David Draiman is the lead singer of Disturbed, an alternative metal band from Chicago that came together in 1996. After blazing onto the scene with their debut album, “The Sickness,” Disturbed hit No. 1 on the Billboard 200 chart with their next two efforts, “Believe” and “Ten Thousand Fists.” The multi-platinum band will release its next album, “Indestructible,” on June 3. Six Questions spoke to Draiman over the phone recently to catch up on what’s going on in the world of Disturbed.
Doug Miller: Thename of your new album is“Indestructible,” which could apply to you alone given your breakups, your garage burning down with your cars in it, a motorcycle accident and your acid reflux problems and subsequent surgery. You’ve been through a lot. Are you ever going to get a break?
David Draiman: No. Never. (Laughs). You know, I lead a charmed life. What is it they say about artists and creativity? That they go through great pain and suffering to create art? I certainly have no lack of pain and suffering. The pressure mounts and situations develop that you can never see. But I happen to have a nice little reality. The powers that be just test me whenever they can. Luckily, I’m strong enough to withstand it. We do what we do to make people feel indestructible, to make them feel powerful.
Miller: How do you feel about the fact that American soldiers in Iraq and Afghanistan like to play your music to get fired up for battle? Is that weird?
Draiman: I couldn’t be more proud. You have to take it out of the context that they’re about to go take lives. To me, it’s as simple as these are our fighting men and women over in a foreign part of the world they’re not familiar with, in a war not many people understand, and they’re doing what they’re told to do. If they can get some sort of power from the music and come home safely by utilizing our music, I couldn’t be more proud. Whether you’re a soldier or an athlete or in any sort of competitive thing, any sort of physical activity that requires mental strength, I mean, that’s what this music is meant for. And no matter what I think of the war, I support our fighting men and women with every fiber of my being.
Miller: You’ve had well-documented stomach problems. Does the stuff passing for rock on the radio these days make you sick?
Draiman: You know something? All I can do is what we do. To be honest with you, the days of me concerning myself with what’s happening out there and what’s being played on the radio are over. I’ve been known in the past to lash out at things and to be almost on the attack on certain kinds of music, and I don’t see the point anymore. The strength of our music and our conviction should be testimony enough. A good way to make a statement is to put out this record. It’s the only thing I can do. But, that said, there’s a lot of great music out there. I like Serj (Tankian), I like Avenged Sevenfold’s new record. I think there’s going to be a resurgence toward the heavier side of things.
Miller: Is Disturbed in danger of becoming a metal outcast because the music is “too melodic?”
Draiman: I guess. And I appreciate all of that music. It’s amazing and rhythmic and it does what it’s supposed to do. It gets out your frustration. And there are those who are amazing at it. But I never considered us in the same category as those bands. When I used to wave the banner for metal, it was more in the spirit of Judas Priest, Iron Maiden and Metallica. That kind of metal, where there is still melody. It is still melodic. I listened to Slayer when I was younger, but we’re not very much like them. We do share some of the same fans, but on the other hand, there are a lot of bands who we don’t share fans with.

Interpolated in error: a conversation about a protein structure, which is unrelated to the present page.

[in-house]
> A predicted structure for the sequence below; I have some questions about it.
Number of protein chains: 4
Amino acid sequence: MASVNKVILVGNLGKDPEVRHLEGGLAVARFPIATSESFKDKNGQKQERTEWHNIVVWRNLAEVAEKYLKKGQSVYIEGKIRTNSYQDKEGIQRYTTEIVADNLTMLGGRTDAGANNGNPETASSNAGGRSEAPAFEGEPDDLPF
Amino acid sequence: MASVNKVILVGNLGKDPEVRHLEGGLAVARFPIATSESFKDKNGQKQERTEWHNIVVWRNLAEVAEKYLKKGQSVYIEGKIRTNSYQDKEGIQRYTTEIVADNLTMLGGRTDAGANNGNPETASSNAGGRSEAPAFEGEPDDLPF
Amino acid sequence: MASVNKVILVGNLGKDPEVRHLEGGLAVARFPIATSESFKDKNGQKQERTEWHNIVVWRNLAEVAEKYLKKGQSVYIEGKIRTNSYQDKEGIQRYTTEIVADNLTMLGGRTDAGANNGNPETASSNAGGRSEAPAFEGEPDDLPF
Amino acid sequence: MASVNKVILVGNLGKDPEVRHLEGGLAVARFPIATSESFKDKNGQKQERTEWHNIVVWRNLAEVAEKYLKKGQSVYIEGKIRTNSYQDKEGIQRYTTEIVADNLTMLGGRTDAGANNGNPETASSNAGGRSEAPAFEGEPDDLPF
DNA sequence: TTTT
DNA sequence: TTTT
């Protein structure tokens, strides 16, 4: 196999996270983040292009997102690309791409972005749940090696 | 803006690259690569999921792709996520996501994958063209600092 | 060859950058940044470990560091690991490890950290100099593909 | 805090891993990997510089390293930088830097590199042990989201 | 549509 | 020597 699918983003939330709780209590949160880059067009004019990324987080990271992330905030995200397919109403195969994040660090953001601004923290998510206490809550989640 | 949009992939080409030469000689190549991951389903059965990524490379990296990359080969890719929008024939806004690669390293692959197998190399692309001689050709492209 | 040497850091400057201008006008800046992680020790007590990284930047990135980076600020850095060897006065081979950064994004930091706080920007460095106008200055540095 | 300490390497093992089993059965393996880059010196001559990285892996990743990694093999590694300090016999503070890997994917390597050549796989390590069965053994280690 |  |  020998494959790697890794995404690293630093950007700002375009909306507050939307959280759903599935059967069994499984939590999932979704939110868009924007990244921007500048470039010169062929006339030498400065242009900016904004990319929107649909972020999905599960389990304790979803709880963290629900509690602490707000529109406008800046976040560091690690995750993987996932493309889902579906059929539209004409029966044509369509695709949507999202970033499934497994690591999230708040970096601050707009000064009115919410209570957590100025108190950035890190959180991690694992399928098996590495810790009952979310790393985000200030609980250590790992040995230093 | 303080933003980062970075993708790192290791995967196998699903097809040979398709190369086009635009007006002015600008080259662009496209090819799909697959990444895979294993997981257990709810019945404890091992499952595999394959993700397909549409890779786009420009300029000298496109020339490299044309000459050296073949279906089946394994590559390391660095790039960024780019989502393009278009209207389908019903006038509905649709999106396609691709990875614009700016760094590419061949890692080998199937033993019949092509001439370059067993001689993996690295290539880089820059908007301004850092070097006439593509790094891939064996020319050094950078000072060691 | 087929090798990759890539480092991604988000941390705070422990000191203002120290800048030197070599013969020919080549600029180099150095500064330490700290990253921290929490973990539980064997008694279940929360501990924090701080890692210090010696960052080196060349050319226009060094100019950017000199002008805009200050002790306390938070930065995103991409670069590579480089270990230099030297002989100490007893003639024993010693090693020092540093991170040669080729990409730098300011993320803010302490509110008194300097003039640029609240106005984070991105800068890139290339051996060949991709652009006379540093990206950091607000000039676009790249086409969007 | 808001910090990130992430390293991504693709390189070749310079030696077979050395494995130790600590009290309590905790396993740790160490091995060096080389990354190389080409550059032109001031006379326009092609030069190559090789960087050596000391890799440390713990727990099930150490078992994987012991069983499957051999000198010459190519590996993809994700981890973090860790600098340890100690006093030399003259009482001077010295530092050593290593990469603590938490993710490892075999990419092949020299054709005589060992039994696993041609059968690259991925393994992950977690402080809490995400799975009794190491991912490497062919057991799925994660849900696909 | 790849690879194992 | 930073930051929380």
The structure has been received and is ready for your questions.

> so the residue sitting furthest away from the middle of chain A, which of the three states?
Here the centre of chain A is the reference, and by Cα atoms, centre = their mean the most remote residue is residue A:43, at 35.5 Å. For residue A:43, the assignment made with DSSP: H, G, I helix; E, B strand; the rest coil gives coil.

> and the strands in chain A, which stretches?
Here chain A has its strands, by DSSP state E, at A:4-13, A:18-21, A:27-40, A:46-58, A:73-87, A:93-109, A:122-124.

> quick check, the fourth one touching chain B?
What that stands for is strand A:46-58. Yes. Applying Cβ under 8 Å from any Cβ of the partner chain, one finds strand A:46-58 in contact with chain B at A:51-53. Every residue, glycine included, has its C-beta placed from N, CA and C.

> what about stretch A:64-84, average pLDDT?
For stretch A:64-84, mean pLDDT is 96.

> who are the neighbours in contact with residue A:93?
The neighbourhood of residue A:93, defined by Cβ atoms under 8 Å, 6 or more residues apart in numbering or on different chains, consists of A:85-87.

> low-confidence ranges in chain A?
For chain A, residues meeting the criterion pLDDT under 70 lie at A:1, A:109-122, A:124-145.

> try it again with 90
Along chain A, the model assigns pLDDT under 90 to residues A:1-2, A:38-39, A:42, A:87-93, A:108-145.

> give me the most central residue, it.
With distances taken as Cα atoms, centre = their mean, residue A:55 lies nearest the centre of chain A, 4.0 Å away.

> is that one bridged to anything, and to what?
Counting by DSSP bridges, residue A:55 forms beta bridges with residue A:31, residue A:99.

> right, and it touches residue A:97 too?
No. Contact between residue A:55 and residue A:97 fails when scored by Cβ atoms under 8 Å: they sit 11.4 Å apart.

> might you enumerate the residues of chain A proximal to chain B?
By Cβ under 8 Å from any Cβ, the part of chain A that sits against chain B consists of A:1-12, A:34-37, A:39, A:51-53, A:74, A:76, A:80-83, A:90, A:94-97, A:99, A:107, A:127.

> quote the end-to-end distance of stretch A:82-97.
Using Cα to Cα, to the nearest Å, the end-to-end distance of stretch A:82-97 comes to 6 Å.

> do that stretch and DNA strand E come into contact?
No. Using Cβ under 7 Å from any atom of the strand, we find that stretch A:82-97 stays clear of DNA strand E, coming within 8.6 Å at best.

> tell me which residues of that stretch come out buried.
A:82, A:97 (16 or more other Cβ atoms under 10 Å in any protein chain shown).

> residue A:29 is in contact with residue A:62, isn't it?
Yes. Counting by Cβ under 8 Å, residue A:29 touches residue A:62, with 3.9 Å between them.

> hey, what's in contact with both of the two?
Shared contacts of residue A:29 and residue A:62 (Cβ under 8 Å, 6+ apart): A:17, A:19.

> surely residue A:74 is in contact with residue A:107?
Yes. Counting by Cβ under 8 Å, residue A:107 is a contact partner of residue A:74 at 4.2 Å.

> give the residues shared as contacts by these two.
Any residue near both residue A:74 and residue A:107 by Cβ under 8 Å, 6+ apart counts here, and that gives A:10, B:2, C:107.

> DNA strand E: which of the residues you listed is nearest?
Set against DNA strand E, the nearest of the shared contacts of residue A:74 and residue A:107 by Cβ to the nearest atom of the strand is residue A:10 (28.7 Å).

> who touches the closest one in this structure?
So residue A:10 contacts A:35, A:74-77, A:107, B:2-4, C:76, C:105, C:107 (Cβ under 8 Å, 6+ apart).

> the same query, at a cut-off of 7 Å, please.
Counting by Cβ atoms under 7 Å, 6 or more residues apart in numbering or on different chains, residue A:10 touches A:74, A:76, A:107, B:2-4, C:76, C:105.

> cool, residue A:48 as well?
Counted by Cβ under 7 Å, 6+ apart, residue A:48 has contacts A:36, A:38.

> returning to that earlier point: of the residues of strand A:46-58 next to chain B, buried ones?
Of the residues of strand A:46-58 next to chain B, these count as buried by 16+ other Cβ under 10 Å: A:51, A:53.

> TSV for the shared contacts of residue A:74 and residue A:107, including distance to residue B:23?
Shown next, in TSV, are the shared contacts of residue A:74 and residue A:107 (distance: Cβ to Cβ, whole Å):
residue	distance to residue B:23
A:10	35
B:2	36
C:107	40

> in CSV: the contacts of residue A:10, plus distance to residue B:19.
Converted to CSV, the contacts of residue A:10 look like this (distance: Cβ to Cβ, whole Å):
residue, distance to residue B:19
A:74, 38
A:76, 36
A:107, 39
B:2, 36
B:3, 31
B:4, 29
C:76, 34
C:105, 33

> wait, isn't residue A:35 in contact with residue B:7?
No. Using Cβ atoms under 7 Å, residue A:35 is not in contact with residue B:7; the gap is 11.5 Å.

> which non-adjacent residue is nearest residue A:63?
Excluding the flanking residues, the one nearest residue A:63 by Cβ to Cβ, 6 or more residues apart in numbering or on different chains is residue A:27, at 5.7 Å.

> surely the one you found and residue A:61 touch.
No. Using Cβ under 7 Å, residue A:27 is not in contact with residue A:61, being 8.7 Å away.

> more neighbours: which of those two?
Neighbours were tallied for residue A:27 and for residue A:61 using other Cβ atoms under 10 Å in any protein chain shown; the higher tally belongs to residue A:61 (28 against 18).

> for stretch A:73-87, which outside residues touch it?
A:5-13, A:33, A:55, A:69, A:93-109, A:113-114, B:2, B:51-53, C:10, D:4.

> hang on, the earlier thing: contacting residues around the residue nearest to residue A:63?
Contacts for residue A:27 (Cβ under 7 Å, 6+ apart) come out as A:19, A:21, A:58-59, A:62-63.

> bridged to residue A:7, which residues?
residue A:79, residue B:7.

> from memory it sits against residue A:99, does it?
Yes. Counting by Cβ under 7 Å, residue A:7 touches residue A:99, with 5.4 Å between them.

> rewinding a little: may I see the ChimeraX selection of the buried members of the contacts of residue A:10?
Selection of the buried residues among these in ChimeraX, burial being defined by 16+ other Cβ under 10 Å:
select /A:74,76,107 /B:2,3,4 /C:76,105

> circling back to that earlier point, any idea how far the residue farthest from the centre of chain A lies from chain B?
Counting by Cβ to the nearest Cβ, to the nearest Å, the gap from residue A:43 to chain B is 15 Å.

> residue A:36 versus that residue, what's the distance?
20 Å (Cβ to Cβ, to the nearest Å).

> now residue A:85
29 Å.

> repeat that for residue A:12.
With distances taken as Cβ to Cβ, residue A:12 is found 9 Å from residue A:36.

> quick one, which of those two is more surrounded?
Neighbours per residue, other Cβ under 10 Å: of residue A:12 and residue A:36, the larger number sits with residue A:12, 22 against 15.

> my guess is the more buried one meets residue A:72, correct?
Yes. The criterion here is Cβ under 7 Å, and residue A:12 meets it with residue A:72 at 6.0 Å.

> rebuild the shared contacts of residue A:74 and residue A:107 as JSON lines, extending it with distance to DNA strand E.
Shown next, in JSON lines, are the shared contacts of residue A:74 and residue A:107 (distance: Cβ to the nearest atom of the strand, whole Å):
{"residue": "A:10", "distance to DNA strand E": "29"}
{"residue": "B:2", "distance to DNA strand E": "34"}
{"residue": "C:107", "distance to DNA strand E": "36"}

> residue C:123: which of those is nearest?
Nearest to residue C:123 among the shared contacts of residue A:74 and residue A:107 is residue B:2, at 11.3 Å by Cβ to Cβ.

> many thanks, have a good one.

I don’t know that you could lump us into the metal category anymore, and I don’t worry about it. At the end of the day, we are Disturbed, we have a very big and dedicated fan base, and we’ll make records and give our fans exactly what they expect from us.
Miller: Are you still one of the only big-name artists out there to actually support free music on the Internet?
Draiman: I have no problem with the Internet. I have an issue with the fact that we didn’t create a system from the get-go that didn’t take stock of what has occurred with the tremendous growth and freedom of file-sharing. If you’re a baby band, the Internet is your best friend. It’s quicker and easier than ever before.
Now, for catalog artists, your livelihood is being bled dry by downloading that nobody’s paying for, that’s an issue that can be tackled in a number of ways. The record industry should come up with the next version of mp3, with more memory and better sound quality, like the CD after the tape, and we can go ahead an push things to the forefront. I still think that deals should have been made with the ISPs and labels to negotiate a flat rate. For example, if you’re a subscriber, no matter who you get your internet service from, if you pay your five bucks a month to your ISP, you get your file-sharing. Then there’s no taboos, no RIAA suing fans, and no B.S. involved. Basically, I could go on and on talking about this, but in theory, I’m not against the Internet. I’m 100 percent for it, but I’m definitely for reform.
Miller: Some internet reports say you’ve stopped drinking. That can’t be true, can it?
Draiman: I limit my drinking on the road. I haven’t stopped it completely. On the road, my reflux is much more of an issue. But when I’m off tour? Well, that’s a different story entirely. I still dive into the world of alcohol from time to time. I have to at least fulfill my duties some of the time and play the role.